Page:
Exxon granted time extension

THE Exxon Corporation, which along with several affiliated companies is facing a multi-million dollar lawsuit following last year's Castle Peak power station blast, has asked for more time to respond to the legal action.

A company spokesman at the giant oil corporation's headquarters in Irving, Texas, confirmed yesterday that it had requested and been granted a time extension to reply to charges made in the lawsuit of Hong Kong barrister Michael Ford.

Mr Ford's lawyer, Stuart Speiser, said from Florida yesterday that Exxon's request had been granted by his team because a judge would almost certainly have allowed an extension if asked.

Exxon originally had 50 days from the filing of Mr Ford's court papers on July 19 and 21 to reply to his interrogatories and hand over certain documents, including the so-called blue report which Hong Kong partner China Light and Power (CLP) did not release to the blast inquest. The company now has until September 20.

However, it is believed Exxon may try to have the lawsuit blocked by arguing that Texas is not the proper venue for court action.

It has already stated that it considers Hong Kong the proper domain, as the blast occurred here and because the power station was run by CAPCO, a Hong Kong-registered company formed in a partnership between an Exxon affiliate and CLP.

Meanwhile, the United Democrats of Hong Kong are considering a proposal to set up a Legislative Council select committee to investigate last August's fatal Castle Peak power station explosion.

The idea was unveiled after representatives of the party met the Attorney-General, Jeremy Mathews, yesterday to discuss the way the issue was being handled.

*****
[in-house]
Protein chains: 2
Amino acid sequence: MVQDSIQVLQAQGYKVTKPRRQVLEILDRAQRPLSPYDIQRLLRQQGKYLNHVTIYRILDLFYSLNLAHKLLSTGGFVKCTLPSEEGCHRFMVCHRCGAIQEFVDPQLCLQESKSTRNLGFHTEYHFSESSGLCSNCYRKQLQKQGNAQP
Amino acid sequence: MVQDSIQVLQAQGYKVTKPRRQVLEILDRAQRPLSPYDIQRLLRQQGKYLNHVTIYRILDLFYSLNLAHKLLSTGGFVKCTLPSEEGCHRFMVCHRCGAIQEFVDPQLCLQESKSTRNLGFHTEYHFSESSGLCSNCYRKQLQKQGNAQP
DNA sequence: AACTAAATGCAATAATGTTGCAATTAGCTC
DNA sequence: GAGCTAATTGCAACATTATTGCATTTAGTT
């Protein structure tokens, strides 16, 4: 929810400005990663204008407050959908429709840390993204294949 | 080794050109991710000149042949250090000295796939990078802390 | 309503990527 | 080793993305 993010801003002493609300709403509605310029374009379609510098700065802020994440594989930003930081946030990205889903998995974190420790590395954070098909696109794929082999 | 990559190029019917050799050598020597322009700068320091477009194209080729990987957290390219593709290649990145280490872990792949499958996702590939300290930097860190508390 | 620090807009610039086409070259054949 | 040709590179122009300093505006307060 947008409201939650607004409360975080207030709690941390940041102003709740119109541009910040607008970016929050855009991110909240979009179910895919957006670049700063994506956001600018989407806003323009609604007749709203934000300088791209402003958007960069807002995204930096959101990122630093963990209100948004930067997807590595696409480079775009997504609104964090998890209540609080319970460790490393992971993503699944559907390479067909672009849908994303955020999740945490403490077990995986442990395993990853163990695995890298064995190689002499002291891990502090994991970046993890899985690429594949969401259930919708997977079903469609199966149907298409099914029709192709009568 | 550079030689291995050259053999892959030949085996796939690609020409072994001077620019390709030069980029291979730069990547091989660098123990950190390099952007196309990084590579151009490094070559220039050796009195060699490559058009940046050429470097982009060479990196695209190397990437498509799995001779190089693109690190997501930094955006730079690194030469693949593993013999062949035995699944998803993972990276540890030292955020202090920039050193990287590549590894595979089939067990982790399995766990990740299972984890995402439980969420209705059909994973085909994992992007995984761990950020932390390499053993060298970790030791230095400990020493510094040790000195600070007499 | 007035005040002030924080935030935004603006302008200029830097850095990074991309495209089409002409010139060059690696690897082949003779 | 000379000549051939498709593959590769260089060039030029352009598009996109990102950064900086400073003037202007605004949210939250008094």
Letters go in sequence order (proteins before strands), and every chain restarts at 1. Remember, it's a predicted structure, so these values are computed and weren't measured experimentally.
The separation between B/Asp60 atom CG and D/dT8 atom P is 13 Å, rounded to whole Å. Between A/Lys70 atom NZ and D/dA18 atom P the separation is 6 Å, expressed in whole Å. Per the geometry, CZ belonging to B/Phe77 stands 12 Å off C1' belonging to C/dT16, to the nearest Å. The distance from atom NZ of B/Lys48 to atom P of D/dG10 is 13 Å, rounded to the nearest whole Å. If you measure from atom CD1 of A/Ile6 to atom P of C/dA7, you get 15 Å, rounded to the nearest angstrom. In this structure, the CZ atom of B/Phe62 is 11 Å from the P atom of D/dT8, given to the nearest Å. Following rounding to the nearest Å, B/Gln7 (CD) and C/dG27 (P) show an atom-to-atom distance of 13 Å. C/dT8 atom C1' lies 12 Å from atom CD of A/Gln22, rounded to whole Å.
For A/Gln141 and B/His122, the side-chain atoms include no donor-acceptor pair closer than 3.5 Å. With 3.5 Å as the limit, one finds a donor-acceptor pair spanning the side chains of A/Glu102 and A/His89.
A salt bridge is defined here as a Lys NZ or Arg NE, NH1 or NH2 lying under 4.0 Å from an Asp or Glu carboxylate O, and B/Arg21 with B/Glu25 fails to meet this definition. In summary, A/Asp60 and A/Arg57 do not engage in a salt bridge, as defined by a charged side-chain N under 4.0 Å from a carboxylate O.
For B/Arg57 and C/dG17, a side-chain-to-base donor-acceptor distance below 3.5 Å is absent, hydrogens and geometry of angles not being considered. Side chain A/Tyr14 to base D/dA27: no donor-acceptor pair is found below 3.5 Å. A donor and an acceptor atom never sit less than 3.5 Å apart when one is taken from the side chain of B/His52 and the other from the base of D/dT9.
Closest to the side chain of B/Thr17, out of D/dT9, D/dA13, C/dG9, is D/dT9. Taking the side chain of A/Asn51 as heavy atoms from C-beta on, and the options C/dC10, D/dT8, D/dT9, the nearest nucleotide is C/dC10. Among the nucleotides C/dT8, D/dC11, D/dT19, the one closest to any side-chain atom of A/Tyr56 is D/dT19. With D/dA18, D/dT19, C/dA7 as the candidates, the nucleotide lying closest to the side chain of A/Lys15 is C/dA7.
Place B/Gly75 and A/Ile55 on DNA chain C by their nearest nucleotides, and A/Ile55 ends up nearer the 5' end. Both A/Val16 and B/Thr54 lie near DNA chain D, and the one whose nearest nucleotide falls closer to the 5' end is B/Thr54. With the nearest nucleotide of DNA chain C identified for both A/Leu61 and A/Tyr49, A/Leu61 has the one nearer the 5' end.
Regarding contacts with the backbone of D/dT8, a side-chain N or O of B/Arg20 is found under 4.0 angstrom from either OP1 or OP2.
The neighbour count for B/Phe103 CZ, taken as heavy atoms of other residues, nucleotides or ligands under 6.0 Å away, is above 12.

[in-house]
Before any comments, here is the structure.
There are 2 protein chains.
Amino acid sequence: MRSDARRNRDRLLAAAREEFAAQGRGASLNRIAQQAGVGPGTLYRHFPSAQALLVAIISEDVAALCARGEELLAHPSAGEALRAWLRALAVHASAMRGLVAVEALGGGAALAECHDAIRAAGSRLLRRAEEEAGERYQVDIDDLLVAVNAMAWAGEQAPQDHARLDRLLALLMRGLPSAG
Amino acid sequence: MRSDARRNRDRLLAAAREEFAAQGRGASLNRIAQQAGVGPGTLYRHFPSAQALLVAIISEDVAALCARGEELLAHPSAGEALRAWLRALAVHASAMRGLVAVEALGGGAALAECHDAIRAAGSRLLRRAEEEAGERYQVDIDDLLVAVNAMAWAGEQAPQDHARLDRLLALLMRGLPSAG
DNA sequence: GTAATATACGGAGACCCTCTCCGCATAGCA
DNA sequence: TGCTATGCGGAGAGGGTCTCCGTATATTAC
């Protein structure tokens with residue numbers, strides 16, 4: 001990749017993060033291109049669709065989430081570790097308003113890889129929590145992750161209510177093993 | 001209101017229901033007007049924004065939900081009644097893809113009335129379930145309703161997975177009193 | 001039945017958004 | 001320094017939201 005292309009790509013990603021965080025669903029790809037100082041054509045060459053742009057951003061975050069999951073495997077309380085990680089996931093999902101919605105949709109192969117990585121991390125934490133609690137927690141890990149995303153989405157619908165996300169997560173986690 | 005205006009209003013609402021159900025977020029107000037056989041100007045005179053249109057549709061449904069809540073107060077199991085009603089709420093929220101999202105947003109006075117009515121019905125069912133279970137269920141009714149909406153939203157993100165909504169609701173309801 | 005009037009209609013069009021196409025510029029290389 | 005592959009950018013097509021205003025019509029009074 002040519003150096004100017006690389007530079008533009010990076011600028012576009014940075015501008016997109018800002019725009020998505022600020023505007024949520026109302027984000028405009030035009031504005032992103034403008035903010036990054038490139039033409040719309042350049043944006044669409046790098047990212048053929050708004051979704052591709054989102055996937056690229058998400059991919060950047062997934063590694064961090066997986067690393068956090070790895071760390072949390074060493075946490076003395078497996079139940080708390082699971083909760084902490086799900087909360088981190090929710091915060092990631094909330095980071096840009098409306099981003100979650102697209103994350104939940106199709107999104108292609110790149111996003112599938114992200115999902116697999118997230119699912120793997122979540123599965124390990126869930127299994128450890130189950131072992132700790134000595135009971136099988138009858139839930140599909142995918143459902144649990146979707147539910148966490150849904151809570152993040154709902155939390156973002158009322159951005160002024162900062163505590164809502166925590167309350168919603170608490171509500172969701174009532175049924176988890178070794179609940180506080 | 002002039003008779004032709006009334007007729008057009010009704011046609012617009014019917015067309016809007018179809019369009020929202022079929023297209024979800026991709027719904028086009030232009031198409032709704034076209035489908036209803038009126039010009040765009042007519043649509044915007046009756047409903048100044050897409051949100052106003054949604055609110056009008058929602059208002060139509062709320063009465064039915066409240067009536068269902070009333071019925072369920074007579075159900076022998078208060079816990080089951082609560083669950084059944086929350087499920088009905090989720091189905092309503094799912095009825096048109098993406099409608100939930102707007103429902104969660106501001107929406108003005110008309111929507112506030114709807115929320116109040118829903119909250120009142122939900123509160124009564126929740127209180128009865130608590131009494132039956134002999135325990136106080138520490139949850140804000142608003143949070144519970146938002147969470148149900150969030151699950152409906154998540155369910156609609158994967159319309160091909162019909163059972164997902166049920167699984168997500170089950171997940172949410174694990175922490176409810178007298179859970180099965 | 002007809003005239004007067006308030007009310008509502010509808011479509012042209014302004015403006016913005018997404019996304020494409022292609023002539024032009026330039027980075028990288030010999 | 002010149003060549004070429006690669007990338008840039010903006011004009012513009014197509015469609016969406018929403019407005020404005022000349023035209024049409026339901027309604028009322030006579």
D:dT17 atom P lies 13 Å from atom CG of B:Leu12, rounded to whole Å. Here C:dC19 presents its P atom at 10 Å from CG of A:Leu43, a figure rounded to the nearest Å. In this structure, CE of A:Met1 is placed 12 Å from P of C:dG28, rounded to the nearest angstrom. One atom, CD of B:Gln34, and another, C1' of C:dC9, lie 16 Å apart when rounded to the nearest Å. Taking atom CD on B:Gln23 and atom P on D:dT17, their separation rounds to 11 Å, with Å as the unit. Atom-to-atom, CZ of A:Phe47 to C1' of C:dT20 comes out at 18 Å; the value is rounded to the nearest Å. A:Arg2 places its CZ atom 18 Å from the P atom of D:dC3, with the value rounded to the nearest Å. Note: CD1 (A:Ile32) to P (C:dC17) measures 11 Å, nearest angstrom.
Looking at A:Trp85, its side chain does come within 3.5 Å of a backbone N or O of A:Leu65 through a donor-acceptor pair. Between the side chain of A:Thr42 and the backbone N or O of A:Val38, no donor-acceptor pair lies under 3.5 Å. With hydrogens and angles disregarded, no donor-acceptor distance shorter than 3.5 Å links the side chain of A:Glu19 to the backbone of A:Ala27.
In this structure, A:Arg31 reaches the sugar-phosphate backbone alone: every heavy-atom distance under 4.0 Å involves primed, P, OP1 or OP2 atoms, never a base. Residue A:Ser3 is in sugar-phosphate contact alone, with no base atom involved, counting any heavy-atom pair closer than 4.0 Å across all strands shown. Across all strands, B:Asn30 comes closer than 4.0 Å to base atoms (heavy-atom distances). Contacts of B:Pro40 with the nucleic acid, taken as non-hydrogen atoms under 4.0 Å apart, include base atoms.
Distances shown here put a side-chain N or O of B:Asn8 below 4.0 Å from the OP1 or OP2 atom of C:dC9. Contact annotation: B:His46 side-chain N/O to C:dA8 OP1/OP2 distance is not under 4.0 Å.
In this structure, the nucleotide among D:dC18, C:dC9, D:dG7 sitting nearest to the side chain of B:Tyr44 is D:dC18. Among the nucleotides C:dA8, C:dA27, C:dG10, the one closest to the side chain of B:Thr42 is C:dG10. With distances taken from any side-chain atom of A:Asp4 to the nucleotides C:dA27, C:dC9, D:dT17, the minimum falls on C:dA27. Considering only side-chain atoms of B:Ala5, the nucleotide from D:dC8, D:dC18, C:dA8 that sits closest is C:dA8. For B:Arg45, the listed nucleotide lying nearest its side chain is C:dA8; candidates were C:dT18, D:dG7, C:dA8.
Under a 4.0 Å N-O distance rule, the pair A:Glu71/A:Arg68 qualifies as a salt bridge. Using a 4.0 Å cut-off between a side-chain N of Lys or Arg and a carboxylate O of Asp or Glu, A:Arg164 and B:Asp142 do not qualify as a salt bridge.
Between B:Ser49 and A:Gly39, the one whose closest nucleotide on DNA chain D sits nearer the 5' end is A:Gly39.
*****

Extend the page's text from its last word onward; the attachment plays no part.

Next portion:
Party chairman Martin Lee Chu-ming said the idea was only preliminary and would need further discussion before being put to the Legislative Council.

''It seems to us that the Coroner's Court may not be the most suitable place to determine a number of issues relating to what happened in the blue report or so on,'' Mr Lee said.

Mr Mathews ordered the inquest to be re-opened after allegations that China Light and Power had held back information at the first inquiry.

The High Court has also granted an injunction against the publishers of the South China Morning Post from revealing the substance of complaints made by Mr Ford in his petition to the court in Texas.

Mr Lee said the public deserved an open account of the incident, which was prevented by the injunction.

''Someone must have the report in hand but was stopped from bringing it into the light because of the High Court injunction. It is hoped that with the privilege of the standing committee, the report could be made public,'' he said.

The Legislative Council (Powers and Privileges) Ordinance stipulates that the select committee could order any person to attend its meetings or produce any paper, record, book or document.

in the possession or under the control of that person.